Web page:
You seem confused - the scientific definition of the equinox , which I quoted , is taken from the timeanddate website . The two instances when the earth tilt is not angled toward or away from the sun , six months apart .
And this should give ,as near as possible , equal day and night . All in any scientific dictionary and a consequence of earth orbiting the sun with a tilt of 66.6 degrees .

The fact is these days of equal day/night are increasingly farther apart for corresponding N-S latitudes  . Now refraction , scientific term form for abracadabra, is given as an attempt to explain this . But where is this magic effect at solstice . No refraction at solstice  !!  No waffle required .
       So solstice days fit the heliocentric model nicely , however you can't fit equinoxes within the heliocentric model without waffle .
The reason I use time and date is that those sunrise/set times are not theory , they are direct observation , or reality .

Wikipedia is another site with a well known aversion to reality so I tend to ignore that .
No confusion on my part. Your definition of an equinox in terms of earth tilt I entirely agree with. But you then follow up with "And this should give ,as near as possible , equal day and night". No, no, no. You are just making this assertion, this hasn't come from any scientific description of equinox. You seem quite fond of time & date as a source for accurate and reliable information, so let me quote from them:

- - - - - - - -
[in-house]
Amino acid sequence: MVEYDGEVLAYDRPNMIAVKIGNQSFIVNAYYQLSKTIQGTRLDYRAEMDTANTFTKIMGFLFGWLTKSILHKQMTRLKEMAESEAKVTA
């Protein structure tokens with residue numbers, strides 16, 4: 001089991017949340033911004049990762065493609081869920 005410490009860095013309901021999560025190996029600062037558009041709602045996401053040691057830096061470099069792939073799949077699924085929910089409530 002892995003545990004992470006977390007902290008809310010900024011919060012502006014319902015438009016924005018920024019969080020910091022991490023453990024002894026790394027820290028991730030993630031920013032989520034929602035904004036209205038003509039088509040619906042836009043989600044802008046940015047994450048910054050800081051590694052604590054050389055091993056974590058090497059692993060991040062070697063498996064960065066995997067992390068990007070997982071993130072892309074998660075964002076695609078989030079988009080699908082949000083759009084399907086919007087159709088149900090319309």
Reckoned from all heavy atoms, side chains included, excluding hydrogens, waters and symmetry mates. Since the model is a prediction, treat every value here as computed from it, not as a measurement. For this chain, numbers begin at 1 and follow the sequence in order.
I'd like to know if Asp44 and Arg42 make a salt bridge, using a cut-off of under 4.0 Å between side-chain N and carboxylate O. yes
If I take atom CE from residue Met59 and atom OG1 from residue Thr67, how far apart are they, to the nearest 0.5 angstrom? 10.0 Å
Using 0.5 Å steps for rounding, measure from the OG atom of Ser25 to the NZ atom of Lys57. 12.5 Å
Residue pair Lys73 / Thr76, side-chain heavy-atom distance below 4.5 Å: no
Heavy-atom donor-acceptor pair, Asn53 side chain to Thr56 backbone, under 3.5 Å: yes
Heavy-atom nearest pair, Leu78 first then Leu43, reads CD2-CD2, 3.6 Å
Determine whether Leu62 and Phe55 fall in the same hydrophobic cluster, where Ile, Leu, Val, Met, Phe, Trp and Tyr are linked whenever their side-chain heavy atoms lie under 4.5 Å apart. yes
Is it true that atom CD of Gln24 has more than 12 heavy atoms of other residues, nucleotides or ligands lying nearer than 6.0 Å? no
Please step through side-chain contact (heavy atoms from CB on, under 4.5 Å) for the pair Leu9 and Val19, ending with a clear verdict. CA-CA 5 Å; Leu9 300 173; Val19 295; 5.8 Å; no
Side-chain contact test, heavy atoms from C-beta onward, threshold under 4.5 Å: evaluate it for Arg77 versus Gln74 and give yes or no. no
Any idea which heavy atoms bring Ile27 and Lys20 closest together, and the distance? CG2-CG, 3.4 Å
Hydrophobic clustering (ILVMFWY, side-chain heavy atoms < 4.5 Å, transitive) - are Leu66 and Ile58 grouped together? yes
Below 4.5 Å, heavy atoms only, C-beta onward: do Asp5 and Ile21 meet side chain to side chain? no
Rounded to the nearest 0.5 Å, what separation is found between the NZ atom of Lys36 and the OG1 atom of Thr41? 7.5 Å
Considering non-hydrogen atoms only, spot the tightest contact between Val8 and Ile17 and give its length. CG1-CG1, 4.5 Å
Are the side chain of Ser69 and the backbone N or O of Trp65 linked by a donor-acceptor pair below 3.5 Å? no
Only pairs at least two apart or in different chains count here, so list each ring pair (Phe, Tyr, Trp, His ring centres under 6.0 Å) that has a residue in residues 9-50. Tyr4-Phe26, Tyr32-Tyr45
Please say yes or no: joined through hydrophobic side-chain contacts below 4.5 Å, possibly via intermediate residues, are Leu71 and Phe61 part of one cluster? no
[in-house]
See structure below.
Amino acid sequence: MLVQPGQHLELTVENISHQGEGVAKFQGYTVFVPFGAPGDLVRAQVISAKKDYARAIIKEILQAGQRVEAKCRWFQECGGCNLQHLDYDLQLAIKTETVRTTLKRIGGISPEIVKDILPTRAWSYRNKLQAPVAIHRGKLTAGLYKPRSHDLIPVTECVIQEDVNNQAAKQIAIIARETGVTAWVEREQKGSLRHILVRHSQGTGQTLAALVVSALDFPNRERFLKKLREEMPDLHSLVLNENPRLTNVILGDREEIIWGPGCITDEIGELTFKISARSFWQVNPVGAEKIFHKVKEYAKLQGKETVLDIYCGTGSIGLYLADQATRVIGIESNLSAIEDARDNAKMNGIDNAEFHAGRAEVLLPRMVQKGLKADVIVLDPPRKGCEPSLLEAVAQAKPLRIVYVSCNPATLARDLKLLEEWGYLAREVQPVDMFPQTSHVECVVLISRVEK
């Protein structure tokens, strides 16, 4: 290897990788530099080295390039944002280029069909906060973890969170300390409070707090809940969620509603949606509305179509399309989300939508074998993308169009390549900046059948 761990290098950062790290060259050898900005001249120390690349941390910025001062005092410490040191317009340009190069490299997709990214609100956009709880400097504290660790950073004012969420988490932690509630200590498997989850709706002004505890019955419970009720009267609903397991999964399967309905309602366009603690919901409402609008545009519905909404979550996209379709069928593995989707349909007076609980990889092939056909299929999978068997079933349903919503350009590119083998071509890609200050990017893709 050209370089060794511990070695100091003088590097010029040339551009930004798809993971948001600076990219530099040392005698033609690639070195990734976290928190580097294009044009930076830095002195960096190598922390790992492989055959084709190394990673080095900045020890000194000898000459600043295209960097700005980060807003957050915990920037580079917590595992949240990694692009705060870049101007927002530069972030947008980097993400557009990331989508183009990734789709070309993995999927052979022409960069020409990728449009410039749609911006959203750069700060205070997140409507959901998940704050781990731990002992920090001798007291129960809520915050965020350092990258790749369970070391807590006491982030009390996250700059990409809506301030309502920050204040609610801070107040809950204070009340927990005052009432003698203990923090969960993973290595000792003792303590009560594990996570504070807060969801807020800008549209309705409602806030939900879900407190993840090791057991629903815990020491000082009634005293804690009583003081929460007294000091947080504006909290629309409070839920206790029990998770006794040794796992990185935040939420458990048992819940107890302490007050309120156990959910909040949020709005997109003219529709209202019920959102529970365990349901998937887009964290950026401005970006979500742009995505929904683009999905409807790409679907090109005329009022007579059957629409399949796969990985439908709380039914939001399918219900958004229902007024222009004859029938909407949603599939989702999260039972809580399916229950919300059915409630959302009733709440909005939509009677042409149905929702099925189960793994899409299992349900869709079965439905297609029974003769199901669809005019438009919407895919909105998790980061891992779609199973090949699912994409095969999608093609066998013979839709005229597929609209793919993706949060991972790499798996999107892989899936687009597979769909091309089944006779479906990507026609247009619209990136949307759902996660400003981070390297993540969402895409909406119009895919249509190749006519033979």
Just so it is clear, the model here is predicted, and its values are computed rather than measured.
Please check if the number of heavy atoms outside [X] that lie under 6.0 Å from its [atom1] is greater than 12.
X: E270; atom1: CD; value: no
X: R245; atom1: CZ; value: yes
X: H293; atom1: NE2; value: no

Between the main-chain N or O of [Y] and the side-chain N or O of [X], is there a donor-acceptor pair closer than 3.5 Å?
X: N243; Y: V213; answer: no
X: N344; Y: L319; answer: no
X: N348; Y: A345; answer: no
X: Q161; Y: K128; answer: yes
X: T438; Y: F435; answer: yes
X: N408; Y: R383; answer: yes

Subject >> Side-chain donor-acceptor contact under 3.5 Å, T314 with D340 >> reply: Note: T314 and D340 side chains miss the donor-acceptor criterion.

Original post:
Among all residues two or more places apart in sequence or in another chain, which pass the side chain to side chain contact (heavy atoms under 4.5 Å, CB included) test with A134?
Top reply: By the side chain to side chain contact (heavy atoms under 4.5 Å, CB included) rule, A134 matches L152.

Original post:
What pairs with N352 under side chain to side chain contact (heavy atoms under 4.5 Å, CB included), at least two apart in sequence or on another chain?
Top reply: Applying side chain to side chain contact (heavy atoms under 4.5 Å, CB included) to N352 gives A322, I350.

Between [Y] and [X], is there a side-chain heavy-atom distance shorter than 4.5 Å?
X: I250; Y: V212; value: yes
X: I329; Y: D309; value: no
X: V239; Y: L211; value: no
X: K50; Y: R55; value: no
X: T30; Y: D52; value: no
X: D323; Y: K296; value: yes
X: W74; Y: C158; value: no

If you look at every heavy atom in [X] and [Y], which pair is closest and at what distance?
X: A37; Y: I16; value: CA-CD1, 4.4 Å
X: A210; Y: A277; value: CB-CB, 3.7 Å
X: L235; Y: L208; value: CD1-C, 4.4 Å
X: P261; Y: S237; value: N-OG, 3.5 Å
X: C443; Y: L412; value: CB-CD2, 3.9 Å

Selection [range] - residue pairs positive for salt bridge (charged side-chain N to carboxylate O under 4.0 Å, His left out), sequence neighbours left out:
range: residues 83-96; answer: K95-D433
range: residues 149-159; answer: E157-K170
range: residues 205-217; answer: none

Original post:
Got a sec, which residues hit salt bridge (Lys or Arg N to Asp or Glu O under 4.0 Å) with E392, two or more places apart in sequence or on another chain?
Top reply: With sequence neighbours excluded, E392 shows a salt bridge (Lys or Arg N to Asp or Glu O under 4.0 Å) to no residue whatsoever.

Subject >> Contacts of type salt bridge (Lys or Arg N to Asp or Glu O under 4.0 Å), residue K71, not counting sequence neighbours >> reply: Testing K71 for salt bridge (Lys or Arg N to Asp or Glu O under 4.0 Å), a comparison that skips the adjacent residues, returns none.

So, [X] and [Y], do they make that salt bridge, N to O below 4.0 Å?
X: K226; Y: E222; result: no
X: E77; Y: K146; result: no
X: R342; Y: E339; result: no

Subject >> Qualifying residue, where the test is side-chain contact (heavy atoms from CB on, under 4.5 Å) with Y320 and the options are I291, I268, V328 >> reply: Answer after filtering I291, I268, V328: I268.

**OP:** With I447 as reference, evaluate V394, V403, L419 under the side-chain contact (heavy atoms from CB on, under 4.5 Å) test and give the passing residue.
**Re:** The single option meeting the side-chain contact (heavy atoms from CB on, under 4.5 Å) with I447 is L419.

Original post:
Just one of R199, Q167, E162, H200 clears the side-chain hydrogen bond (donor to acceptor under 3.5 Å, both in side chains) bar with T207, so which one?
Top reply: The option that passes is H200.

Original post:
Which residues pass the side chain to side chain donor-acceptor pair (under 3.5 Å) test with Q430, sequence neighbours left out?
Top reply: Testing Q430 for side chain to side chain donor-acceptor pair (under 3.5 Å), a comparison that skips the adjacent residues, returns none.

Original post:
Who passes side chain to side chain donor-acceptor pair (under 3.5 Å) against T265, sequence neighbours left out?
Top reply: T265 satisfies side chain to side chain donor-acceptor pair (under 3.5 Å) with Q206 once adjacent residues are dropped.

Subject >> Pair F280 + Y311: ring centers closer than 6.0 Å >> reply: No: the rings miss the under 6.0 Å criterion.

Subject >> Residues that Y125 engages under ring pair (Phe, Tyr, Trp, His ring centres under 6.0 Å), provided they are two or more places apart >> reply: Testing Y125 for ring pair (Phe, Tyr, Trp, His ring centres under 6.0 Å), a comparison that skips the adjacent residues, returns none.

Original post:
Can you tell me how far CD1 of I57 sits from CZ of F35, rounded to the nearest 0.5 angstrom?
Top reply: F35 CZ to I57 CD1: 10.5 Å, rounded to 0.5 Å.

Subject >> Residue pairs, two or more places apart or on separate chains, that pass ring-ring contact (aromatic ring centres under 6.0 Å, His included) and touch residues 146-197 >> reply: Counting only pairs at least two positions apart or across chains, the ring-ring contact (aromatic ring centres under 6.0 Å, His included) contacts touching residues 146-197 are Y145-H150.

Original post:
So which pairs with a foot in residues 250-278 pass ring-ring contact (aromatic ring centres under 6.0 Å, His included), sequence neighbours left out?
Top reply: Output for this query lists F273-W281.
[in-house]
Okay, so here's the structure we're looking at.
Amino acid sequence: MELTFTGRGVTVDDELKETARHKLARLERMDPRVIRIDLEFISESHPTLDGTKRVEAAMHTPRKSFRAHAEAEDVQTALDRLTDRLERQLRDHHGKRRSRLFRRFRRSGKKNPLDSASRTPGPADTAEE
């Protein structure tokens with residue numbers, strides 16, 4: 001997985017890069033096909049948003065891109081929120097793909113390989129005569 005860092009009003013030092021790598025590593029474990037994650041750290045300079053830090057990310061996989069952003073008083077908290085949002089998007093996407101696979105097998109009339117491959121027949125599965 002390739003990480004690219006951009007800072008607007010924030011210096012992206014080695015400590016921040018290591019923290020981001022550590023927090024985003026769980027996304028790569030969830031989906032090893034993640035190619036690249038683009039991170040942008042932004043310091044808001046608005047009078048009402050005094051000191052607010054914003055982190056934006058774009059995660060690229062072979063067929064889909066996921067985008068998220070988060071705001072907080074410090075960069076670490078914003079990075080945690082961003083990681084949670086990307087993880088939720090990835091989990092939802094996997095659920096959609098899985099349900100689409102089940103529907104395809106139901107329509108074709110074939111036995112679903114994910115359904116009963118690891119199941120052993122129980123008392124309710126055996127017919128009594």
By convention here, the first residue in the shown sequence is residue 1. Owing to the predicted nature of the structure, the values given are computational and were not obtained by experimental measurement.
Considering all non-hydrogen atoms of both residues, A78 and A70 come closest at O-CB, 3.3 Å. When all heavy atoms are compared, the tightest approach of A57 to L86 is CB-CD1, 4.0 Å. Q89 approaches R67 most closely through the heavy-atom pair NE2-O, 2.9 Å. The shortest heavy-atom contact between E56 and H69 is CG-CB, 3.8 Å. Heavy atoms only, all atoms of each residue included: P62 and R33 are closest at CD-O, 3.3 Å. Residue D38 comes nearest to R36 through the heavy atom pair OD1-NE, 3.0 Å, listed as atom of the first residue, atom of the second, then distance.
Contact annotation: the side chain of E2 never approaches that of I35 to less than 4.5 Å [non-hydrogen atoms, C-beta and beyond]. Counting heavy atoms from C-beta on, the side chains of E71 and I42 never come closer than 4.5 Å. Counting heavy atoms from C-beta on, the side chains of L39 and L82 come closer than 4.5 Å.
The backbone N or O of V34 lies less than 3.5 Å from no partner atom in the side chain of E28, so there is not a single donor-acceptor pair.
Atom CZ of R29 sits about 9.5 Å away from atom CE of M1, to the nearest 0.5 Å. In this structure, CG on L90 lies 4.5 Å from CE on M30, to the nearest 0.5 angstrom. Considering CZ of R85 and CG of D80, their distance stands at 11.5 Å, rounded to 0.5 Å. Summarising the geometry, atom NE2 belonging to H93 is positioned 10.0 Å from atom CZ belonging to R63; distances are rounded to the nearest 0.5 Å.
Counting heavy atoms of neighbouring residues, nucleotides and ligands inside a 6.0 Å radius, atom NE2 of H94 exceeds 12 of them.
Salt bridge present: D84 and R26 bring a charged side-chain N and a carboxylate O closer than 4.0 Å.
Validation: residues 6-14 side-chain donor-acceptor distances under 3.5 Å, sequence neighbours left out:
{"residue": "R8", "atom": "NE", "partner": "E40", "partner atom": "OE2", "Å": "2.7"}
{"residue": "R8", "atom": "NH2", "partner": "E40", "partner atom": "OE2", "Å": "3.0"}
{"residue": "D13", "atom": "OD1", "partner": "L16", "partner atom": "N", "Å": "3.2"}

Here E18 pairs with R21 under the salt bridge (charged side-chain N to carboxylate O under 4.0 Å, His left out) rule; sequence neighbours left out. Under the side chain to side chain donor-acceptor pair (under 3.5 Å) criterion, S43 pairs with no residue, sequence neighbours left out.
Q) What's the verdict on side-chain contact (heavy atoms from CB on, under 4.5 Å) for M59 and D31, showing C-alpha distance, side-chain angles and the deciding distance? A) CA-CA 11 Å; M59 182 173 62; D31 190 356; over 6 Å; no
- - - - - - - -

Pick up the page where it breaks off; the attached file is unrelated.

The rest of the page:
Quote
Even if the name suggests it and it is widely accepted, it is not entirely true that day and night are exactly equal on the equinox.
And I've already given you a link to a full explanation as to why this is the case and as markjo has pointed out you are confusing equliux with equinox.

dirtysnowball

Re: When rockets launch....
« Reply #24 on: July 16, 2019, 01:13:48 PM »
Quote
Wikipedia is another site with a well known aversion to reality so I tend to ignore that .

I'm sure you treat the flat Earth page of Wikipedia with the same sentiment then. Or do you just cherry pick the evidence from various websites to suit your point of view?

The line of attack for most if not all FE believers tends to be much the same and refraction (or abracadabra as you call it) is normally mentioned in there somewhere. Nothing magical about refraction though. Just straight forward physics. How you chhose to interpret the laws of physics of course is up to you.
« Last Edit: July 16, 2019, 01:15:33 PM by dirtysnowball »

Offline rpt

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Re: When rockets launch....
« Reply #25 on: July 16, 2019, 03:28:23 PM »
You seem confused - the scientific definition of the equinox , which I quoted , is taken from the timeanddate website . The two instances when the earth tilt is not angled toward or away from the sun , six months apart .
And this should give ,as near as possible , equal day and night . All in any scientific dictionary and a consequence of earth orbiting the sun with a tilt of 66.6 degrees .

So you agree with the heliocentric model.

you can't fit equinoxes within the heliocentric model without waffle .

Hmmm...

Offline somerled

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Re: When rockets launch....
« Reply #26 on: July 16, 2019, 10:52:54 PM »
You seem confused - the scientific definition of the equinox , which I quoted , is taken from the timeanddate website . The two instances when the earth tilt is not angled toward or away from the sun , six months apart .